Next, click on Products > Feeds, and then on the blue “+” icon. Add your country and native language so that Google knows which initial demographics are going to see your wares. There's no point me going over all the particulars of how to do this when so many others already have - Google itself has a really good section on this, here. Just make sure all your input fields are full.

Step 4 - Link this account to your Google adword account.

Yes, they want your money. Google Shopping, like liberty, is not free.

At the top right-hand corner in your Mechant centre click on the three vertical dots, then click 'Account linking'. If you've not got an AdWords account, you can make one from here. If you have,  click on 'Link account' and enter AdWords customer ID. If you need to know where this is sign in to your Google Ads account then click the help icon at the top right corner - you'll find your 'Customer ID' at the bottom of the menu. Sorted.

Step 5 - Create a campaign.

In your Merchant Center account you should then be able to click on 'Create Shopping Campaign'.

Give it a campaign name, a location and daily budget. When you press 'Create' you’ll be asked to carry on via your Google AdWords. You can also do this directly in AdWords if you like, just open your Campaigns tab (on the left) and click that blue “+” icon, than pick 'New campaign'.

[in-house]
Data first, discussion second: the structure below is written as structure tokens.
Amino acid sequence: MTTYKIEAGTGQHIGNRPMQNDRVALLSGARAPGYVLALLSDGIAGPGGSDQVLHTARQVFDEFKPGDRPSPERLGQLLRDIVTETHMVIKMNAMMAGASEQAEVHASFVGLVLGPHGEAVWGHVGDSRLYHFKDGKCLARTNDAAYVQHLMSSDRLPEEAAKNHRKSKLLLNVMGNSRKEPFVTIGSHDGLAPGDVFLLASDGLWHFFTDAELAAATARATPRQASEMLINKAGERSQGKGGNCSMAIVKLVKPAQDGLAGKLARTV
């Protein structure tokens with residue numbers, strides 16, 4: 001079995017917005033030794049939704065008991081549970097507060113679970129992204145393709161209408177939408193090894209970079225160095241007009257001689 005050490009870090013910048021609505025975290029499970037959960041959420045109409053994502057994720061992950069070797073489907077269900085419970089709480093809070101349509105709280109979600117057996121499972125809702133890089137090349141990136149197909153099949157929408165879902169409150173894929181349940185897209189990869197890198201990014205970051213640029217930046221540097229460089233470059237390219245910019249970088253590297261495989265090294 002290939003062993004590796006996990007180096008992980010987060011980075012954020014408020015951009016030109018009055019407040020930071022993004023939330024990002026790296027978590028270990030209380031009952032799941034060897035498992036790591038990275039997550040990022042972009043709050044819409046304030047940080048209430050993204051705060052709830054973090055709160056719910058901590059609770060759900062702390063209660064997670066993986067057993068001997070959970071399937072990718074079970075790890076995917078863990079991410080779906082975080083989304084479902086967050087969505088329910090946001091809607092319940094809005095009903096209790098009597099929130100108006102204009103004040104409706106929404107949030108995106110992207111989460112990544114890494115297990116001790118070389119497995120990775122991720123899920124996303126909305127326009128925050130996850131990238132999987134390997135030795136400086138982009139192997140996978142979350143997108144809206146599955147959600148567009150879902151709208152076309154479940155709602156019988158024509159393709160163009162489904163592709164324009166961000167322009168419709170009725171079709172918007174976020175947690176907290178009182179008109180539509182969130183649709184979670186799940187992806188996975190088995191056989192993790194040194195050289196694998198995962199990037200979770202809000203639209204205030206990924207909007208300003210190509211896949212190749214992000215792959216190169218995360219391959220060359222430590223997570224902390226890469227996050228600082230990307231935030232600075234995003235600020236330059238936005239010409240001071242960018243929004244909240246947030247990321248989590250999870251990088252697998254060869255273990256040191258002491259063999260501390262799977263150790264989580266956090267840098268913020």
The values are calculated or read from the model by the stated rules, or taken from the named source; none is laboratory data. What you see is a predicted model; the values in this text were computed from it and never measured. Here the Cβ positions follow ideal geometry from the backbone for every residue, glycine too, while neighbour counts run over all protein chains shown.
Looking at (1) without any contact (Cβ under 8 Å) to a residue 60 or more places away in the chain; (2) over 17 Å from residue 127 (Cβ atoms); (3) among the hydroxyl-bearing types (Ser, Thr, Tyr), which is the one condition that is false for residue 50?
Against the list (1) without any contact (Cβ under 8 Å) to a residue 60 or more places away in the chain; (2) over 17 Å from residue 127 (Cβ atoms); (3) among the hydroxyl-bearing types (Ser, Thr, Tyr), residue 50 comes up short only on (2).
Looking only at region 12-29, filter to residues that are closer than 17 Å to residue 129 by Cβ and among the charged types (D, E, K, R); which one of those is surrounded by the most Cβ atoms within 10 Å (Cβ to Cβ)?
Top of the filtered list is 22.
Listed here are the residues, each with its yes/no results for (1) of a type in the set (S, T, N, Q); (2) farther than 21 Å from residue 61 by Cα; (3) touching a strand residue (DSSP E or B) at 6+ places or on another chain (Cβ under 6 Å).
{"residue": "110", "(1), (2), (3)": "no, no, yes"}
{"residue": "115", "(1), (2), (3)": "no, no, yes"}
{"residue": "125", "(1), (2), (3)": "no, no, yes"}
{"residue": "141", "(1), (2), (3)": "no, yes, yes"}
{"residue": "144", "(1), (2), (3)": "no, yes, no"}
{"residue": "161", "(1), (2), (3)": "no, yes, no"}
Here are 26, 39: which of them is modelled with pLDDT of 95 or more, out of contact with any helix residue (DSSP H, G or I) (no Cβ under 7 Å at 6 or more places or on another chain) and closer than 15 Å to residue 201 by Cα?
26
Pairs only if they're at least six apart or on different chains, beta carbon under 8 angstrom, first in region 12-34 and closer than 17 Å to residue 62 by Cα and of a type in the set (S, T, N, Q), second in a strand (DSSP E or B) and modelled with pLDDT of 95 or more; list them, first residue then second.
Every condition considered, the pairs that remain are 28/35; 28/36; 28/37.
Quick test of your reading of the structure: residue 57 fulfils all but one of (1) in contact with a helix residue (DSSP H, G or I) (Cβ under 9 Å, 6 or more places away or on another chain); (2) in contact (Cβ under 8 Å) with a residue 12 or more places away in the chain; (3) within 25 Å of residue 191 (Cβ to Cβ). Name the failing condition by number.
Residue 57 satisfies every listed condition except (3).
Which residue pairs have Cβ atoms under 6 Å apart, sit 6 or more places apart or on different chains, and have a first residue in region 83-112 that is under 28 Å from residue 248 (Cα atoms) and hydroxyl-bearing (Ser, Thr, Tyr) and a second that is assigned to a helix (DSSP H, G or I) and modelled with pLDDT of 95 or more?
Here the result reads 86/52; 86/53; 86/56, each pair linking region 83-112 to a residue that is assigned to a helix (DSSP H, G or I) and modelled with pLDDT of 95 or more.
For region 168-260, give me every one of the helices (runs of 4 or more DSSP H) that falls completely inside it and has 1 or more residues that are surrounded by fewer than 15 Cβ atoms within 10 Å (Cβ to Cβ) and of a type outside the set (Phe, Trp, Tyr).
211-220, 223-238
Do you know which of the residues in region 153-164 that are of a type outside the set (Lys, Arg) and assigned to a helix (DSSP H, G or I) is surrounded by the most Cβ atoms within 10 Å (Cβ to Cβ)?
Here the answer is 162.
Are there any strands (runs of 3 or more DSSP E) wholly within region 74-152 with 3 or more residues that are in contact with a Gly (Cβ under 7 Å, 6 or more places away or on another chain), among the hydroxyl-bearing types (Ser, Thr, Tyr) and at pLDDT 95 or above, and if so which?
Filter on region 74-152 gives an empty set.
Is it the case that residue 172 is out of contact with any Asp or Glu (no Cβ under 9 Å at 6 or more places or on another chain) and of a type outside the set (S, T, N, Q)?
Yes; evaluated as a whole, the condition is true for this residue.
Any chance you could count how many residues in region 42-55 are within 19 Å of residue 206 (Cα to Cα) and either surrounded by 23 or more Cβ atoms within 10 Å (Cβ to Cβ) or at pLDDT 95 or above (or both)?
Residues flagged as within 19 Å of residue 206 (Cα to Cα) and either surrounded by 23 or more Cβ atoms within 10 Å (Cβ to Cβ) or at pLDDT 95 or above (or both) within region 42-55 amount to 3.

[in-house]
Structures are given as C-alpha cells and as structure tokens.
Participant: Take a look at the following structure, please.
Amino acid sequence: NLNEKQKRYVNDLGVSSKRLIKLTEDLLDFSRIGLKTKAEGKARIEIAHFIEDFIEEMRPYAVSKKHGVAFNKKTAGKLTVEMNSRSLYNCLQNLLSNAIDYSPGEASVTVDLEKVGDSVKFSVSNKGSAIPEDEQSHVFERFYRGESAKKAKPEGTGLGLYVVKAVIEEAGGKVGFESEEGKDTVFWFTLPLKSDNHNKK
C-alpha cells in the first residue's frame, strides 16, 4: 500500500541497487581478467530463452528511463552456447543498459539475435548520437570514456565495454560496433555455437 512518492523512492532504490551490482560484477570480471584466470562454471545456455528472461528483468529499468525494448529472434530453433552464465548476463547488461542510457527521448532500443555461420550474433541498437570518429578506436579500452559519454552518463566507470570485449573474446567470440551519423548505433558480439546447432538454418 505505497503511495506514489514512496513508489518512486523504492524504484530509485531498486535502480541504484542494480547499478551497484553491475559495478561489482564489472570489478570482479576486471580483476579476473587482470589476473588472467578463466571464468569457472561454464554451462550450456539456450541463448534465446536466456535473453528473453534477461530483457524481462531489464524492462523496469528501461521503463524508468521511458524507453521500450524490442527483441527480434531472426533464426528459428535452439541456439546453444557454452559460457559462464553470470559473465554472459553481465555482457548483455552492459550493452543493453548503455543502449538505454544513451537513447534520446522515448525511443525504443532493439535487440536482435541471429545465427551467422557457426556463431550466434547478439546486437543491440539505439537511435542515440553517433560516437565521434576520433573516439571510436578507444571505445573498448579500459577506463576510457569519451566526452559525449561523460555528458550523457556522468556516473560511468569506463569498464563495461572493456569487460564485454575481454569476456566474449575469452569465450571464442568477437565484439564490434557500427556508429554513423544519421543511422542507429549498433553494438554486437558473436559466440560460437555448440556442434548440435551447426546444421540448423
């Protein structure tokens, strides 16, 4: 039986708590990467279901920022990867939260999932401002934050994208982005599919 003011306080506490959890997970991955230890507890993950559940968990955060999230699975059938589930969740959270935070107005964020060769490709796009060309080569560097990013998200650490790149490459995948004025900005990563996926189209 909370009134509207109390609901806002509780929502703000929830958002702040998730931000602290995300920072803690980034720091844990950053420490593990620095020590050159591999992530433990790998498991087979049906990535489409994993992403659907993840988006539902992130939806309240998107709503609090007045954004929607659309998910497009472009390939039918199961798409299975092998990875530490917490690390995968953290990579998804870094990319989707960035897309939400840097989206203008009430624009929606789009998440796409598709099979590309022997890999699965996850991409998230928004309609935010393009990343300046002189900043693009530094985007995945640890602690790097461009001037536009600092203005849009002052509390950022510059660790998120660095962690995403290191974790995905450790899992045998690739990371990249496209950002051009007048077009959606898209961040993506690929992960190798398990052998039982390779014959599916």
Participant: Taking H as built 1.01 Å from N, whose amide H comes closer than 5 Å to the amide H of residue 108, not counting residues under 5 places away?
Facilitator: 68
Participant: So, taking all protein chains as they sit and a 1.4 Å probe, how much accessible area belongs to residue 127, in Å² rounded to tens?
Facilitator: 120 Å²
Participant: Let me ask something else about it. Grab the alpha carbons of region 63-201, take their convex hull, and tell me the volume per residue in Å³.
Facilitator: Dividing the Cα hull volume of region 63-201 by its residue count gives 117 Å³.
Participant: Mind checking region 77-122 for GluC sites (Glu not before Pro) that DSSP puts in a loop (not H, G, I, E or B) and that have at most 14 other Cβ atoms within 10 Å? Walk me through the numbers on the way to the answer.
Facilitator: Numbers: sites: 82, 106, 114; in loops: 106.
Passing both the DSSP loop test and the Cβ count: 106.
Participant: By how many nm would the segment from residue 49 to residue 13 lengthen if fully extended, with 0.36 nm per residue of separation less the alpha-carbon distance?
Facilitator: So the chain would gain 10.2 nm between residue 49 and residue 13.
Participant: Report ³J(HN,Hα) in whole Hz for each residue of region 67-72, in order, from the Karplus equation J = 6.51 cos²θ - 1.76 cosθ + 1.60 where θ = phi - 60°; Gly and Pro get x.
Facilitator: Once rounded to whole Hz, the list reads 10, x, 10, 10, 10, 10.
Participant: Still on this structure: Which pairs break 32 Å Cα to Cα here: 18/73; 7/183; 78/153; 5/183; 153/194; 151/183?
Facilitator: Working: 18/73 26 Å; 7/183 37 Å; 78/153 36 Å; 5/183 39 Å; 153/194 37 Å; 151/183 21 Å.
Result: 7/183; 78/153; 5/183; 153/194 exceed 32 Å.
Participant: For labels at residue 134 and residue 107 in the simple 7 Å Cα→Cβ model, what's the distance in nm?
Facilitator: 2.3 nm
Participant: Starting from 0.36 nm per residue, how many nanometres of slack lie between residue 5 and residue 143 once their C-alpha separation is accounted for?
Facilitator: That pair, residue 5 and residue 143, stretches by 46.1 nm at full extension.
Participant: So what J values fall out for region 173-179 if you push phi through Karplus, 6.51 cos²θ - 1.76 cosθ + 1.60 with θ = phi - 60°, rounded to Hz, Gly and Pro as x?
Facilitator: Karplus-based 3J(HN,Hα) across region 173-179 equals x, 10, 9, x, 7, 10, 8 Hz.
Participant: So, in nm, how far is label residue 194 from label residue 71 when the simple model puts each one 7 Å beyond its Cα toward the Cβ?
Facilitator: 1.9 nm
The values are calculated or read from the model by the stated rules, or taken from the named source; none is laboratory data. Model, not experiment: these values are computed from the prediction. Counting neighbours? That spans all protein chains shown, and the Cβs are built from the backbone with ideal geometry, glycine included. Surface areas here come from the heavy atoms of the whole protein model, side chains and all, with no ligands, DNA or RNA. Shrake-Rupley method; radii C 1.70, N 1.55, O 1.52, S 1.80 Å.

Again, Google has a really painless how-to on the topic, here, which will save me waxing lyrical.

Step 6 - Place some bids on your Shoping campaign.

In settings, you’re asked to select a bidding strategy and set a campaign budget. Go on. Spend some money. Google has a Bid Simulator Tool that's actually quite a lot of help here, and shows how any changes will impact on your ad performance. This gets pretty involved when you're trying to get the best bang for your buck, but there's some good tips here.

Step 7 - Targeting and scheduling.

More important stuff. Pick the places you want your ad to target, but be sure to only target places you ship to or where you're actually located.

You can change the Target and Exclude settings under 'Under Location', but the default's usually good enough. This going to be especially important for the new map settings to get folks ready to come in-store to pick up that bargain today.

Next set the start and end dates of the campaign. Rocket science it ain't. 

Step 8 - Create Ad Groups.

The final step is to create campaign ad groups. It's these that determine what sort of ads are going to be run and how you’ll organise the bids for them.

There's a couple of types - Showcase Shopping (multiple items as part of a sort of catalogue style ad that showcases your overall business, working on cost per engagement) and Product Shopping ads (for a single product, working on cost per click).

Click 'Save' and you've made your first ad. It's actually surprisingly simple.

It takes a bit of time and fiddling to get the best out of Google Shopping, but it's well worth the effort if you ahev a sutable product type - especially now it's local. The Ads work connect sellers and buyers in a unique and efficient way, right at the top of the search results if your bid is strong enough. It's compaetative, but a good solid place for ad spend dollare, especially now it's rolled out it's new map functionality.

I recommend having a play. Highly. There's a tonne of Google Shopping tutorials out there, especially on YouTube, and rally no need to seek a pro-tool or agency help.